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Intelligence: Artificial or Otherwise?

Our knowledge of human and artificial 'intelligence' has increased very much in recent years. It has many components to it: information management, communication, reasoning, calculus and pattern recognition. Even though we have learned much about our human brains and, on the other hand, we have been able to construt large information networks electronically which greatly extend the scope of our intellectual abilities, the gap between these forms of intelligence remains as large as ever. The lecture aims at a clear positioning of this gap. It attempts to place the components mentioned above relative to each other and to the greater problem of defining the notion of 'intelligence' in the context of the technological possibilities of the end of the 20th century. From this positioning the new challenges adressed to engineers engaged in electronics, communications or information science should become manifest!

Type of Seminar:
New Vistas
Prof. Patrick M. Dewilde
Delft University, NL
Oct 27, 1997   17.15

Contact Person:

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Biographical Sketch:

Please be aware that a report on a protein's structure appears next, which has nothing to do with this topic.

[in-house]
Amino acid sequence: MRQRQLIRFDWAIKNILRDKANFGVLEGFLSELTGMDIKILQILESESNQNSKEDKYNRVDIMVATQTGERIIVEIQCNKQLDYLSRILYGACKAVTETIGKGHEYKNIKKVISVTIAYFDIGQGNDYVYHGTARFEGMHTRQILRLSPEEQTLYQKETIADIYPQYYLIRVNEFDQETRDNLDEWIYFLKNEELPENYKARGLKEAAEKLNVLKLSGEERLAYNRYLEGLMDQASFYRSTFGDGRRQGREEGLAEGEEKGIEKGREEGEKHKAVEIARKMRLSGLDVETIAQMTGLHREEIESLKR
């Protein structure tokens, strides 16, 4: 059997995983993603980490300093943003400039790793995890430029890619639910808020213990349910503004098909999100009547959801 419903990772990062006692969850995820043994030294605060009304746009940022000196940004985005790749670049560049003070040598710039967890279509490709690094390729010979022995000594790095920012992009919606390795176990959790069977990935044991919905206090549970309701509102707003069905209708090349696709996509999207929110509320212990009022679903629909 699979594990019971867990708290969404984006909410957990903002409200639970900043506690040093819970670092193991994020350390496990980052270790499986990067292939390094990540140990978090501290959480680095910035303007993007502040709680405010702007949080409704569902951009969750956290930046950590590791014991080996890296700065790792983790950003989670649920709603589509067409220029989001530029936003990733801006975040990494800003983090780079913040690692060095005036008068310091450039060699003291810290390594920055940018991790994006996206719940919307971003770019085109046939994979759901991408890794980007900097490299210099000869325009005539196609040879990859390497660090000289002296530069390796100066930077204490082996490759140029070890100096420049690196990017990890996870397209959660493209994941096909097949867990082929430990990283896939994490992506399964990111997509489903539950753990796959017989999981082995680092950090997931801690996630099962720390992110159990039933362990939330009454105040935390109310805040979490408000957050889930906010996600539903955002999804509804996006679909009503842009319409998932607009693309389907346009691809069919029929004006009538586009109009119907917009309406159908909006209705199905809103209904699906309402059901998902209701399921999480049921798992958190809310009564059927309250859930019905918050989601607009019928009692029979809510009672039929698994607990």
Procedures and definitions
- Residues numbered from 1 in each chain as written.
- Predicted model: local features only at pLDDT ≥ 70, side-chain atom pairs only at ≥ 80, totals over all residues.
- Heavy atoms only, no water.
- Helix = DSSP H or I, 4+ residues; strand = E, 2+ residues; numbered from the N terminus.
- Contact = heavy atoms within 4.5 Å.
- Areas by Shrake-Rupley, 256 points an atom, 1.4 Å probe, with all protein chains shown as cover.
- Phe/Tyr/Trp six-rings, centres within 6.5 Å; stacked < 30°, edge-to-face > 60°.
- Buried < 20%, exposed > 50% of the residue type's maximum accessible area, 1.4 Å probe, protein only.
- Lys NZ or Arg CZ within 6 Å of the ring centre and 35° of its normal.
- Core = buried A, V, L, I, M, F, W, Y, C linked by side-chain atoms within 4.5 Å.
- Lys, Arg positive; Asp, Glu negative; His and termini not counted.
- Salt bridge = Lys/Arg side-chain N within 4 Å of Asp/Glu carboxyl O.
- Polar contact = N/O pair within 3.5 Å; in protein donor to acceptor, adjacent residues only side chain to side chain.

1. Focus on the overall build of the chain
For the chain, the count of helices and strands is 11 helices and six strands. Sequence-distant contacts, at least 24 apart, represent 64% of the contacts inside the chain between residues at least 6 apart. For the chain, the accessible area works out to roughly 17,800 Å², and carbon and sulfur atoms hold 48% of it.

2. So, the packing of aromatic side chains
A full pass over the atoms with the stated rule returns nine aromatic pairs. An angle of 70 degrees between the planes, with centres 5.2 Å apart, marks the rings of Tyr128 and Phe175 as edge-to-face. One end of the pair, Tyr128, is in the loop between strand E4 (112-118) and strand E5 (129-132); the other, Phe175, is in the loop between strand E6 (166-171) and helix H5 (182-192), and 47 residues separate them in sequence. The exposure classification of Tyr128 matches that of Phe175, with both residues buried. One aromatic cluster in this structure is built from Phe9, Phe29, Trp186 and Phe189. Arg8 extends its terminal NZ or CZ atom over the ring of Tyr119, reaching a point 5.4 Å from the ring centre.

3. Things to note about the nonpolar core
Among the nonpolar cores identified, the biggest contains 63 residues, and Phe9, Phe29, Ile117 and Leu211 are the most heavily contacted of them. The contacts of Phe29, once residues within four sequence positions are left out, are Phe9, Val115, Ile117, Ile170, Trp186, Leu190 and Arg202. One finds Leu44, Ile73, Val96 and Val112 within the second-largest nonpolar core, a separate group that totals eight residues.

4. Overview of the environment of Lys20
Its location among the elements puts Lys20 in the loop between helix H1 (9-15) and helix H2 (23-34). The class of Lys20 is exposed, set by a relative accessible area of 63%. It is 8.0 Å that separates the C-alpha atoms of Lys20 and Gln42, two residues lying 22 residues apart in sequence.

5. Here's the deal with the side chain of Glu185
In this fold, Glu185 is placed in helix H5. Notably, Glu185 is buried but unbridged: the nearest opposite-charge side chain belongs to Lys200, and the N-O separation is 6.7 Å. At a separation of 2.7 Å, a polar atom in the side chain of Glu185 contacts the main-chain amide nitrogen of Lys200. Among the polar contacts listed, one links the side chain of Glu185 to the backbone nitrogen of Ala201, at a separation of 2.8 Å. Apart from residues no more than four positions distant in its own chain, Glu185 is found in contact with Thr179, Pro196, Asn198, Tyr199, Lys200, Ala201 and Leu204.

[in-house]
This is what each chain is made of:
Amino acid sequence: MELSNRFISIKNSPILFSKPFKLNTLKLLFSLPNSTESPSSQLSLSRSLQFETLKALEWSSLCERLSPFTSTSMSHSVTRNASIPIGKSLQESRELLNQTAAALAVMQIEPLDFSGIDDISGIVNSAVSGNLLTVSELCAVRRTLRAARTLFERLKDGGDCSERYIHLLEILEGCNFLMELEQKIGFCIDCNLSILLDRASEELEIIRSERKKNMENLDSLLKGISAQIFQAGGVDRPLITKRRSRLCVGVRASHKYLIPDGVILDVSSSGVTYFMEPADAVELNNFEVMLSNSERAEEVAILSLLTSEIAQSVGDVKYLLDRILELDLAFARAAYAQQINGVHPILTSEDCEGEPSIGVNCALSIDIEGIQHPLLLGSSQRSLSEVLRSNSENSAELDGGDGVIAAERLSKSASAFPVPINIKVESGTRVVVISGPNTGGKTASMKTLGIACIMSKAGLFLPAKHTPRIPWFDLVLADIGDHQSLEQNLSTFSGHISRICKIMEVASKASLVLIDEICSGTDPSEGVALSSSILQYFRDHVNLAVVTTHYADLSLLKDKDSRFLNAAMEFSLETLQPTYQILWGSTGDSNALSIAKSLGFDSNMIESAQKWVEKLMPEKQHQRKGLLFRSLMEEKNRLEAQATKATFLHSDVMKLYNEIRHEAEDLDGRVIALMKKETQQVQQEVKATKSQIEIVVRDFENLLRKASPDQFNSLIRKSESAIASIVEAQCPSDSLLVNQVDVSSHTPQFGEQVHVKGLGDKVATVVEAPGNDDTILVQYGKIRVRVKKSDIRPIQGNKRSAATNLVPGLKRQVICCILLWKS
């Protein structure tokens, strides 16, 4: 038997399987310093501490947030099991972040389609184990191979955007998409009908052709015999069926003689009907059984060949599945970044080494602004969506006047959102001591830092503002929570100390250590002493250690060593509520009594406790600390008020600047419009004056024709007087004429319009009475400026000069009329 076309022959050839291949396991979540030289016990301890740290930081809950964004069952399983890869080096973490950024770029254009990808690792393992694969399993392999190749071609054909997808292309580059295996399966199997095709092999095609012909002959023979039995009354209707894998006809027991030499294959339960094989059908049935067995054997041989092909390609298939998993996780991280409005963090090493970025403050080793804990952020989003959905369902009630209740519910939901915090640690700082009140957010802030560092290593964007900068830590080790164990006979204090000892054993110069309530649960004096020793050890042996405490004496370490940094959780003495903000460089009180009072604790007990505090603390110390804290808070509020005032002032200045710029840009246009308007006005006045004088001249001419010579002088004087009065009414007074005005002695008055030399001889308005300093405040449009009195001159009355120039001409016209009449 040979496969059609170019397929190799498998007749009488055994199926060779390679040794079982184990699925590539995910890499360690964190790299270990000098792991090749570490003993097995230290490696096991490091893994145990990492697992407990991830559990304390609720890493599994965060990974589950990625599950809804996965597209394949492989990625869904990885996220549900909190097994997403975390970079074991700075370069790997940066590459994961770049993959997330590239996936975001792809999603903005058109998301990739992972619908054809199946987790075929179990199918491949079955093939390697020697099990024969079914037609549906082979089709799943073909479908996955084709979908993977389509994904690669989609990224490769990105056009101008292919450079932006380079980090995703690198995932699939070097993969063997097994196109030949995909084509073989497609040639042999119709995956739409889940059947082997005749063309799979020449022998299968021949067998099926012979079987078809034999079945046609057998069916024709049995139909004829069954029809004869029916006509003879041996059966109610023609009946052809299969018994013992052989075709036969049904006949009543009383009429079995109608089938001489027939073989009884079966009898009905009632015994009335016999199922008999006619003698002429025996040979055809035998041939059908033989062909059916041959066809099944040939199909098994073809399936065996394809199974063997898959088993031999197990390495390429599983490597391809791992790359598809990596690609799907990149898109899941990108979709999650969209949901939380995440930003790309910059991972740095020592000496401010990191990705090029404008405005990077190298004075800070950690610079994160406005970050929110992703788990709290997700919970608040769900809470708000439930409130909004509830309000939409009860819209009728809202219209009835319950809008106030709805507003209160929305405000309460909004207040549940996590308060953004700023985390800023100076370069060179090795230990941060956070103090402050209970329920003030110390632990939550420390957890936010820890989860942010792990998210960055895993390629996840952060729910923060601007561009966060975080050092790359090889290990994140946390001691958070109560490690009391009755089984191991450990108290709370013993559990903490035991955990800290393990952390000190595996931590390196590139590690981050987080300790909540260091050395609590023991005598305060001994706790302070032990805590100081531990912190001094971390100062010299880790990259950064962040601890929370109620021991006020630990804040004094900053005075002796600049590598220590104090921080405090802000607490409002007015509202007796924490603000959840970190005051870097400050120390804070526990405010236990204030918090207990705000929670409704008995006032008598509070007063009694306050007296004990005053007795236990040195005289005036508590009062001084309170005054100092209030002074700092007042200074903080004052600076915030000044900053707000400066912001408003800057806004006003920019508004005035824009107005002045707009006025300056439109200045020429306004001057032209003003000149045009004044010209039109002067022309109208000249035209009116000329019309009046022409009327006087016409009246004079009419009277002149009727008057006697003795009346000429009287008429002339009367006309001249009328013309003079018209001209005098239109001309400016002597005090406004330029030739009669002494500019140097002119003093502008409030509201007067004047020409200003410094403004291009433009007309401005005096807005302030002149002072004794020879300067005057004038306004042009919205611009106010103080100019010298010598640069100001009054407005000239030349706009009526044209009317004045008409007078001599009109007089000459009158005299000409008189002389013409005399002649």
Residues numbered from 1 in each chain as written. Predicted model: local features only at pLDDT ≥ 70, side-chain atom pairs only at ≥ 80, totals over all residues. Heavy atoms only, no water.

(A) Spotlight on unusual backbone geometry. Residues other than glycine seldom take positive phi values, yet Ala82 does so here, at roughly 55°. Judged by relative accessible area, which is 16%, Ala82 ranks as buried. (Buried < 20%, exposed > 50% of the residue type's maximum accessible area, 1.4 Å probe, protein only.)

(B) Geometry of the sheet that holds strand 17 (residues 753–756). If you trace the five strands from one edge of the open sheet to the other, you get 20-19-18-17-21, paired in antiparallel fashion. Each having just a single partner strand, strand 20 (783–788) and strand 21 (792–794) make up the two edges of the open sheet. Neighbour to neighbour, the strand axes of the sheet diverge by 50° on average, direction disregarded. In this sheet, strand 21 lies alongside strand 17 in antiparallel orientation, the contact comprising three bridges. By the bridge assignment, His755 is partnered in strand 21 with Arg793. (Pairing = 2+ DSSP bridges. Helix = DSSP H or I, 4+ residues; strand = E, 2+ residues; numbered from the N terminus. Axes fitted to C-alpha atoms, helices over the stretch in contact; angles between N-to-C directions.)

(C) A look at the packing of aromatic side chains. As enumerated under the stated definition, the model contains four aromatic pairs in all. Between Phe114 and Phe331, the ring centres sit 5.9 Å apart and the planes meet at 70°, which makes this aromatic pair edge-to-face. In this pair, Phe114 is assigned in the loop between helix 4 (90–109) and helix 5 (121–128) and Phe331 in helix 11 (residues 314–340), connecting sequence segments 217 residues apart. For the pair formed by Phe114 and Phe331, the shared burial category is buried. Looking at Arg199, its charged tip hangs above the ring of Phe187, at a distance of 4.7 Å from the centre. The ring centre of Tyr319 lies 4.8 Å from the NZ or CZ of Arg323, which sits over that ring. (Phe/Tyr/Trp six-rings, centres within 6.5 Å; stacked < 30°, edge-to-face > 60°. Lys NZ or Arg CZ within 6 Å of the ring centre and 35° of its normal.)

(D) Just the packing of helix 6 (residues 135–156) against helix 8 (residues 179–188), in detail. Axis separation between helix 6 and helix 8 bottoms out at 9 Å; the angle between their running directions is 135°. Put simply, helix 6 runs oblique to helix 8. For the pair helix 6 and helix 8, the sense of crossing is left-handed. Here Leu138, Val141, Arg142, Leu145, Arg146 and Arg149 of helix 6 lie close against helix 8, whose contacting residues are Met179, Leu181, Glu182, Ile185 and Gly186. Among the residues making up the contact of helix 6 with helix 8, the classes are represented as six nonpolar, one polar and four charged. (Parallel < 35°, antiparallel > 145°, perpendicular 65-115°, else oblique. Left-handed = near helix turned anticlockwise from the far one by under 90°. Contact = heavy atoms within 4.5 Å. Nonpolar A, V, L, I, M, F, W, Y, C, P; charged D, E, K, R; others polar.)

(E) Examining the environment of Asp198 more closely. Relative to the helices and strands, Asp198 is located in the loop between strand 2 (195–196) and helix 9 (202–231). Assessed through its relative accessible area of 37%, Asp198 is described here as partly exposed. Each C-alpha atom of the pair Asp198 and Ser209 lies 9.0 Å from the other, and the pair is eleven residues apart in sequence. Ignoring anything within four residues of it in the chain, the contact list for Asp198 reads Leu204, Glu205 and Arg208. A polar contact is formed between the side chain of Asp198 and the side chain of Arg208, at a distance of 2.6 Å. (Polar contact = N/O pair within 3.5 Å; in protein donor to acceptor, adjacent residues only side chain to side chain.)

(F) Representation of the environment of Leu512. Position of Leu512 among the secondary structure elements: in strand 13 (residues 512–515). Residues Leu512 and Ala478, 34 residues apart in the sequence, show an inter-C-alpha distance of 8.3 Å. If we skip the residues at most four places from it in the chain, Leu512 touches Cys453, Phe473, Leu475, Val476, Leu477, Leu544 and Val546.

Patrick Dewilde received the degree of Electrical Engineering from the University of Leuven in 1966, the License in Mathematics from the Belgian Central Examination Commission in 1968 and the Ph.D. degree in Electrical Engineering from Stanford University in 1970. He has held various research and teaching positions at the University of California in Berkeley, the University of Lagos in Nigeria and the University of Leuven. In 1977 he became full professor of Electrical Engineering at the Technical University of Delft (the Netherlands). In 1981 he was named Fellow of the IEEE for his work on Scattering Theory. His research interests include the design of integrated circuits (VLSI) especially in the area of signal processing, large scale computational problems and their realization using dedicated microelectronics and theoretical topics in signal processing and signal estimation. He has been a project leader of major European projects in Microelectronics. The NELSIS design system, which pioneered a unique design information management methodology, was developed under his direction. In 1993, he became the Scientific Director of DIMES, the Delft Institute of Microelectronics and Submicron Technology, which employs more than 300 researchers in Microelectronics. He was elected a regular member of the Dutch Royal Academy of Science also in 1993. Since 1996 he is chairman of the Technology Foundation STW, a major funding institution for Technological Research in the Netherlands. Patrick Dewilde is the author of a large number of scientific publications, and a book on Large Scale Modeling of Integrated Circuits.